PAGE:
March 12, 2020 | Digital Citizenship, Minecraft: Education Edition, Online Safety
The Microsoft team in Croatia recently hosted a competition for Safer Internet Day, featuring a Minecraft: Education Edition world tailored to teaching online etiquette, safety, and digital citizenship. Read about the event and the Internet Safety World they used to teach students how to keep themselves secure online.
Croatia recognizes the importance of internet safety, not only as a part of the informatics curriculum but also as an essential cross-curricular topic that can be implemented within a wide range of other subjects. After long discussions, brainstorming, and consultation with our partners at Digital School Slovenia, along with informatics teachers who provided guidance and highlighted the most critical content, the team was able to create a comprehensive world in Minecraft: Education Edition that’s aligned with the Croatian curricula of internet safety.
The Internet Safety World provided an immersive experience for students, opened the door to implementing Minecraft: Education Edition in a variety of other subjects, and gave Croatian educators a platform for teaching internet safety in an engaging environment. The goal was to create a world that would be fun to play, easy to understand, and teach students about the dangers that lurk on the internet.
The Internet Safety World focuses on different topics such as privacy and personal data, digital footprints, copyright, cyberbullying, polite behavior online, and much more. It’s divided into four stages, and the content is differentiated by age groups, from 6–8, 8–10, 10–12, and 12–14 so every student can access age-appropriate curriculum.
To mark the launch of the world and present it to students for the first time, the Croatian Microsoft Showcase School, Primary School Popovača, hosted a virtual competition with schools throughout the country. The competition was held on Safer Internet Day, and hundreds of excited students from all the major cities in Croatia competed to see who would complete a level of the world sooner.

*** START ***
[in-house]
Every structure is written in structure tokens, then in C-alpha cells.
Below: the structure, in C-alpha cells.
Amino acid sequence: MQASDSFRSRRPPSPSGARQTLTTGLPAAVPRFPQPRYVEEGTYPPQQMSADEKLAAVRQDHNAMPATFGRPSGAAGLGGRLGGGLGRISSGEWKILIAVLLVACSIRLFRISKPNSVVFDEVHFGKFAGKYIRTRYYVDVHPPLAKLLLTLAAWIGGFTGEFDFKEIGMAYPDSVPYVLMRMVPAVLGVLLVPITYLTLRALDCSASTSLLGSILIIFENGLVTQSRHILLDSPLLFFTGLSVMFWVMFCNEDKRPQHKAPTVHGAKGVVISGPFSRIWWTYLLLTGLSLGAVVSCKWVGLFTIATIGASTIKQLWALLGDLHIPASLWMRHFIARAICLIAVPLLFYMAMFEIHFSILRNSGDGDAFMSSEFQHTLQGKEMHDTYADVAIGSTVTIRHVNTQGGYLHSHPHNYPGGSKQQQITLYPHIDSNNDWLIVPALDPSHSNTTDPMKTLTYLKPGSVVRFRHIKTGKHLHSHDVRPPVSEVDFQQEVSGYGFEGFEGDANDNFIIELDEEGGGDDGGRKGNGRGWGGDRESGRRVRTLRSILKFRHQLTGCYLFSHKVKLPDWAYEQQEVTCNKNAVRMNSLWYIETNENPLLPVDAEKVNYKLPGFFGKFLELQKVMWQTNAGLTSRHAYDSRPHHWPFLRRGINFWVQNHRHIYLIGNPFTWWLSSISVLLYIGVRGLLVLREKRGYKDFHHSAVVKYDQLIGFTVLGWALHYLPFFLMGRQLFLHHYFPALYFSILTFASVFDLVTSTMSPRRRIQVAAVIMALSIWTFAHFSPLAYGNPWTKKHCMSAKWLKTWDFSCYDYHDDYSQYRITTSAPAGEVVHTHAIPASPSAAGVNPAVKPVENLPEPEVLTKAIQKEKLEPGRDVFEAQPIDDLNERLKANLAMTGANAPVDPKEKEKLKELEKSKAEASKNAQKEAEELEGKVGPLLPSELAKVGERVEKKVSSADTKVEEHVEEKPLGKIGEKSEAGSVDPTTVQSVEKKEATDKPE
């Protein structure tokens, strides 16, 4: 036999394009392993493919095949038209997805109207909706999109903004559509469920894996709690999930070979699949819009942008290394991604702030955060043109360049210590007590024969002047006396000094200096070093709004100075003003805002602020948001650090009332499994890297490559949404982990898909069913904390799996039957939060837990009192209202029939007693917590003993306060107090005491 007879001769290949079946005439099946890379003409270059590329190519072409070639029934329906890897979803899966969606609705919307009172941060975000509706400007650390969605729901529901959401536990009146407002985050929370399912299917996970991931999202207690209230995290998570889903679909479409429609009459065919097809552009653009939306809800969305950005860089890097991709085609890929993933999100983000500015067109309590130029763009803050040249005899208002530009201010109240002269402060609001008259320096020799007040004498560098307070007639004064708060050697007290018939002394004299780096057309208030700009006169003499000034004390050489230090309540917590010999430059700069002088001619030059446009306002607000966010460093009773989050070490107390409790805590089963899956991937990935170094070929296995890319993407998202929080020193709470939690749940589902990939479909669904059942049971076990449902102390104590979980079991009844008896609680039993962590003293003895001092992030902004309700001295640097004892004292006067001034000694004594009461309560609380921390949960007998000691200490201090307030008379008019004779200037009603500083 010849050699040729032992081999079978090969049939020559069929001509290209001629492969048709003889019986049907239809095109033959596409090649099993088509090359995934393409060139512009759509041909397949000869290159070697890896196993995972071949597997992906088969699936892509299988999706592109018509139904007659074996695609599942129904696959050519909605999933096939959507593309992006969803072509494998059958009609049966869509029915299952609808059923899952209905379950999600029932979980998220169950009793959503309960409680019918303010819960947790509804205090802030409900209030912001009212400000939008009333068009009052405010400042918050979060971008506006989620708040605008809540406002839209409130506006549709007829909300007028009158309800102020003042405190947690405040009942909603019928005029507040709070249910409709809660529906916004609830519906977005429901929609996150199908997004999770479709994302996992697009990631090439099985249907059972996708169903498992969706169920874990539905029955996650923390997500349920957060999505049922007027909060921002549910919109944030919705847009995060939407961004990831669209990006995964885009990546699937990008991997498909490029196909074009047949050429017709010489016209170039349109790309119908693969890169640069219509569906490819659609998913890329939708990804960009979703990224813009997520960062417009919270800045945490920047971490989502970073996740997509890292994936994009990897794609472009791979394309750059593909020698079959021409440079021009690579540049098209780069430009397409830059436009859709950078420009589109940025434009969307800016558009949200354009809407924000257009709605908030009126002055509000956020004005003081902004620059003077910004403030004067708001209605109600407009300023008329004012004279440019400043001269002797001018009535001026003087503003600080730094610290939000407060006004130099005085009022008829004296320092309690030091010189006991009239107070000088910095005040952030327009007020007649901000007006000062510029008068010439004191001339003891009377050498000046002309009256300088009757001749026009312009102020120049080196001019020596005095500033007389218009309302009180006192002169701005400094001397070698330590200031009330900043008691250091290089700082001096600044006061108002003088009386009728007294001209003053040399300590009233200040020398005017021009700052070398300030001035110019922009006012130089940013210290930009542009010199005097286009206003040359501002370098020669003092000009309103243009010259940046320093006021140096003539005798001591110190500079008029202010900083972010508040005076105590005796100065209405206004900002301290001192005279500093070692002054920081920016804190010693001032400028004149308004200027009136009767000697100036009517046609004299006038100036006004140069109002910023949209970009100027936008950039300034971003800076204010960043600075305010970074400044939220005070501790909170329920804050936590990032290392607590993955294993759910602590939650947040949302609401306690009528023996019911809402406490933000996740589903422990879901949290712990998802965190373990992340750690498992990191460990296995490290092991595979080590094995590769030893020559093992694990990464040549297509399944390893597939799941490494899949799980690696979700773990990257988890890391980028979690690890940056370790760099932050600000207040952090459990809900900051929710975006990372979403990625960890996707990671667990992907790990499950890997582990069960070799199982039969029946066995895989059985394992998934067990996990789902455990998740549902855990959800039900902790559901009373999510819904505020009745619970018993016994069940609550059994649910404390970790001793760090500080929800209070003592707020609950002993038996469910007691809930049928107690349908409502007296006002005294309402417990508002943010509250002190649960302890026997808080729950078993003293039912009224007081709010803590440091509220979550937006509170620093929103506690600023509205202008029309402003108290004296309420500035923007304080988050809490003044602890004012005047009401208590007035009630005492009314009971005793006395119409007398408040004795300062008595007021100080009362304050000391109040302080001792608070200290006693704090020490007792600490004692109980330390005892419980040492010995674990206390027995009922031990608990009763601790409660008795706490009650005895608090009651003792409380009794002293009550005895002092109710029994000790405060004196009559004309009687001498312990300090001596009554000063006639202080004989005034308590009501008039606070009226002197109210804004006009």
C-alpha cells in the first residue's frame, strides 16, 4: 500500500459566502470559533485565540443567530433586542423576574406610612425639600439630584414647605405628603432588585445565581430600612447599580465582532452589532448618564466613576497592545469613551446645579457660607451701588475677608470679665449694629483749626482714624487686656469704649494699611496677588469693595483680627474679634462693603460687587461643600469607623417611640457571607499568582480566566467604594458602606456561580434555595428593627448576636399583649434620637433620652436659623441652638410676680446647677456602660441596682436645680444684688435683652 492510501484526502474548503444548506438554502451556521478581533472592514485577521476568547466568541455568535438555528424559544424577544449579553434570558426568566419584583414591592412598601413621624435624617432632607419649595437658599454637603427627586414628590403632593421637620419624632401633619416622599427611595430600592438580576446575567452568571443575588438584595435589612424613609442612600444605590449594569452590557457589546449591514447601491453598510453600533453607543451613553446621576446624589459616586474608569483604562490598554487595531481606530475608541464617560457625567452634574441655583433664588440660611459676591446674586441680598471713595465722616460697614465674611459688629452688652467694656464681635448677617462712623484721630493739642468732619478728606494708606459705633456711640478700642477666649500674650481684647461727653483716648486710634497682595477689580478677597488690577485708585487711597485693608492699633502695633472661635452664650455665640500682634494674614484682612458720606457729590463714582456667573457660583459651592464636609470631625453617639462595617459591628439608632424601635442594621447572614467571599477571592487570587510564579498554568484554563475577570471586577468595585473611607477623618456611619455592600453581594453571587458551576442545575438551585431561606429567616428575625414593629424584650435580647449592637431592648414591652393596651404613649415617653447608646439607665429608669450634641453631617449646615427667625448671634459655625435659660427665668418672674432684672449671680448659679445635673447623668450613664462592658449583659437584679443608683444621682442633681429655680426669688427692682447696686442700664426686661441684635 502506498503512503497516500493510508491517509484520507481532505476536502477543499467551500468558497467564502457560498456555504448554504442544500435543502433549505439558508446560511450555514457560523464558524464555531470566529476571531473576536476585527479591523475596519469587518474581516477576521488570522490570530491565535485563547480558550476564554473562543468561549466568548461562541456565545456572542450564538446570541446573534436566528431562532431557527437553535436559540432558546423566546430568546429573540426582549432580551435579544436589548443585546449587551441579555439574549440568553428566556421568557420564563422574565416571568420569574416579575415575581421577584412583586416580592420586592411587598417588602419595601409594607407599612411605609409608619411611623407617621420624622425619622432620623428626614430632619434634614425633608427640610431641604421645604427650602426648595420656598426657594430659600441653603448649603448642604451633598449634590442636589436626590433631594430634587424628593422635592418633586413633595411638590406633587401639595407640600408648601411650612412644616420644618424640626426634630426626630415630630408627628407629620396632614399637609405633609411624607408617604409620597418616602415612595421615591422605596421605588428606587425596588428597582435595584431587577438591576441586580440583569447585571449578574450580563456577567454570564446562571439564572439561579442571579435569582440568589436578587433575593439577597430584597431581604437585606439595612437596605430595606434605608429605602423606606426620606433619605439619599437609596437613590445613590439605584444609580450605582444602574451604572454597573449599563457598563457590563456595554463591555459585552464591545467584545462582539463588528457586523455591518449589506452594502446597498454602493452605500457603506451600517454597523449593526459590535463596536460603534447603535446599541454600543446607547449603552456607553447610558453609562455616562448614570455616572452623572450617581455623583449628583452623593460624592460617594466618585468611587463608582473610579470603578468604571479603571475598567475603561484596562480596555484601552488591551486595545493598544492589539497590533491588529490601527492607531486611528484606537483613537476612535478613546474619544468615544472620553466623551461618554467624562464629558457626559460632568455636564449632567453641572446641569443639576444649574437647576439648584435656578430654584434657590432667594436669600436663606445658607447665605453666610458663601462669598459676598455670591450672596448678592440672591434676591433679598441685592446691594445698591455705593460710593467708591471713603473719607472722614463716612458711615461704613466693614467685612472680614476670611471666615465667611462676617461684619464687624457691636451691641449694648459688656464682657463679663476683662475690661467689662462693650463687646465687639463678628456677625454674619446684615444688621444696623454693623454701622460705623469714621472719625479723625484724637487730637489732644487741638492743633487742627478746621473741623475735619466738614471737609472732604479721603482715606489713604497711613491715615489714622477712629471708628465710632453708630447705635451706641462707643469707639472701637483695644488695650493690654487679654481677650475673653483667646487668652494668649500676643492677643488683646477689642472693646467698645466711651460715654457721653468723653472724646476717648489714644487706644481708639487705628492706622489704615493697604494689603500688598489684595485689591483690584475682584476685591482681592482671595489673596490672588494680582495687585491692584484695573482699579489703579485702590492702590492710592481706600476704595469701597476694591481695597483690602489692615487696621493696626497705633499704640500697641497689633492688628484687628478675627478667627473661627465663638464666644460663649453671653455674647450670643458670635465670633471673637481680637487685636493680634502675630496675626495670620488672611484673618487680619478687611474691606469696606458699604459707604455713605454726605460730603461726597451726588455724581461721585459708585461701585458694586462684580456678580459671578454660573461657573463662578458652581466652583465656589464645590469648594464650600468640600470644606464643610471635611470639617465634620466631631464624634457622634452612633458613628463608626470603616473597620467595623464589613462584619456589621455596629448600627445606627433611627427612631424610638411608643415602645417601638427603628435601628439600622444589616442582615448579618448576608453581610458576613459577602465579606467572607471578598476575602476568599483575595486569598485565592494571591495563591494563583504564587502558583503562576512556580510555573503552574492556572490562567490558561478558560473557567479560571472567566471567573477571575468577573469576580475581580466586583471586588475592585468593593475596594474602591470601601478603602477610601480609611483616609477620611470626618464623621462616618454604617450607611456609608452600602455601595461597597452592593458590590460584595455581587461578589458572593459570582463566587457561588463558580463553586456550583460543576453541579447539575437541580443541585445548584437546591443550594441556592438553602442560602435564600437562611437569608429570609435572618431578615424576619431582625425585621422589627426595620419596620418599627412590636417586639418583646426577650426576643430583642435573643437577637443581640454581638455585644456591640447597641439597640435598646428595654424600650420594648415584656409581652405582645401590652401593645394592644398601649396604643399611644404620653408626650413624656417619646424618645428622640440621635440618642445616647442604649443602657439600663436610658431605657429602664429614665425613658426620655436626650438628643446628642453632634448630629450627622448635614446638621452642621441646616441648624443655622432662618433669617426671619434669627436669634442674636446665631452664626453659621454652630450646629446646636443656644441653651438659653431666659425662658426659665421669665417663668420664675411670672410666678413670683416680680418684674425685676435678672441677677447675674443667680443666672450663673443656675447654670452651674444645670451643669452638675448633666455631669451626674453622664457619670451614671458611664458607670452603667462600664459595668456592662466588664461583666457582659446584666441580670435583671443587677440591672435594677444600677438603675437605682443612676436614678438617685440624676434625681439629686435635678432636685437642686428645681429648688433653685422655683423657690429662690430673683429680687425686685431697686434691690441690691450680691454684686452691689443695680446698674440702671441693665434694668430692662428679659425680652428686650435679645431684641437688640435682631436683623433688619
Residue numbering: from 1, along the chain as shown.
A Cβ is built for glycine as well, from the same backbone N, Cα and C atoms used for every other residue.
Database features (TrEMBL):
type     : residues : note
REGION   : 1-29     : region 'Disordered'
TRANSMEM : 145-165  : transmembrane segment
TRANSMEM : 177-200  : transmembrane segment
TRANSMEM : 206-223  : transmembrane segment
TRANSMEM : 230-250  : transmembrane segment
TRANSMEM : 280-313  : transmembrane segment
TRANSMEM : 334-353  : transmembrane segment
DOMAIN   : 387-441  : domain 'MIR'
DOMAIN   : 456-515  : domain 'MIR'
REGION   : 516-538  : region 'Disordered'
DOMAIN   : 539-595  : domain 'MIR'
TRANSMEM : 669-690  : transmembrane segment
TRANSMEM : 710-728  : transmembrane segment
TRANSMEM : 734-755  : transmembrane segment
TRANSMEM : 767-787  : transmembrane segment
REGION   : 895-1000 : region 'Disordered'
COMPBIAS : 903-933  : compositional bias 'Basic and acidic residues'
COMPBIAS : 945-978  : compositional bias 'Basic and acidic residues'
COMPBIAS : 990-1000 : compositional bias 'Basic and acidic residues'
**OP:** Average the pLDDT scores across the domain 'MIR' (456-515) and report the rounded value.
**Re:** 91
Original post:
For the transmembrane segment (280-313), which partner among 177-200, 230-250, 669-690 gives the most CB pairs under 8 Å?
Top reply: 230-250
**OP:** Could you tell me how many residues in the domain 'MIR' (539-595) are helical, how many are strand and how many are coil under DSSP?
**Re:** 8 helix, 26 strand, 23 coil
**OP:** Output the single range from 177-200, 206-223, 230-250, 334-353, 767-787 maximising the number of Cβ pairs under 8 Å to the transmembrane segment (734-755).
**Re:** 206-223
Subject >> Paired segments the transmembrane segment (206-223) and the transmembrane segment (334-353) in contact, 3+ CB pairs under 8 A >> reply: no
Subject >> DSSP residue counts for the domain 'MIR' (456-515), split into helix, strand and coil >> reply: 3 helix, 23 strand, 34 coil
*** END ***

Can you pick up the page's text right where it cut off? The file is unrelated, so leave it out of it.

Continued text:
The students competed in the Viruses and Identity Theft level, where they had to progress through a series of questions and choices designed to test their knowledge of how to keep their identity safe online. Throughout the level, students met several non-player characters (NPCs) in a variety of areas, who prompted them with information that was pertinent to each internet safety issue.
One of the areas featured challenges focused on protecting your personal information. Each challenge displayed a board with a question and three possible answers. Under each answer was a lever that the student would pull to make their choice. The players received a reward for each answer based on how safe their response might keep them as they navigate the internet.
The first question was, “You want to play an online game that asks you to enter your name. What do you write?” There were three possible answers: your own full name, your friend’s name, or a nickname. After choosing their response, the player collected a piece of armor in the chest to their left, then headed through a door to face the next challenge.
Players who chose the first, least secure option only received leather armor, while the second option granted them iron armor. The third and best option—providing a nickname online—meant that the students earned diamond armor, the best defence in the game! As the students progressed, they would assemble a full suit of armor, one piece at a time, including a helmet, breastplate, greaves, and boots, building and demonstrating their knowledge of internet safety along the way. It was a powerful way for students to work through challenging issues using the familiar mechanics of Minecraft.
When students completed all the challenges, in-game fireworks would signal their accomplishment, and the team who finished first had to send a screenshot to the Microsoft Teams group to announce that they’d completed the lesson.
There was excitement and laughs throughout this creative learning process, and the world got students’ attention from the moment they started the game. They could decide whether they’d play in groups or individually, and they chose to work together, delegating roles, brainstorming, and strategizing their next moves. This gave the Microsoft team immediate feedback about how Minecraft: Education Edition tackles the future-ready skills that are so important.
An hour after everything finished, students begged the teachers to stay in class and pass all the other levels—even in higher age groups!
So what’s next? The team in Croatia is joining with the Microsoft Innovative Educator Expert community to help create a methodological notebook on how to incorporate the Internet Safety World into cross-curricular applications and utilize the game in a variety of subjects throughout the primary school. Meanwhile, they’re readying content about how to leverage this world and preparing to publish it through the Microsoft Educator Center along with localized tutorials. They’re also educating teachers on how to use Minecraft in their classrooms. Safer Internet Day is only the first step in an exciting journey toward digital citizenship and game-based learning with Minecraft!
There’s a library of Minecraft: Education Edition lessons that you can search by keyword, subject, and age group. Find activities for your classroom! To explore online safety and courtesy with your students, check out the Digital Citizenship lesson, part of our Social Emotional Learning Content Pack. Learn how you can get started with Minecraft: Education Edition at education.minecraft.net.
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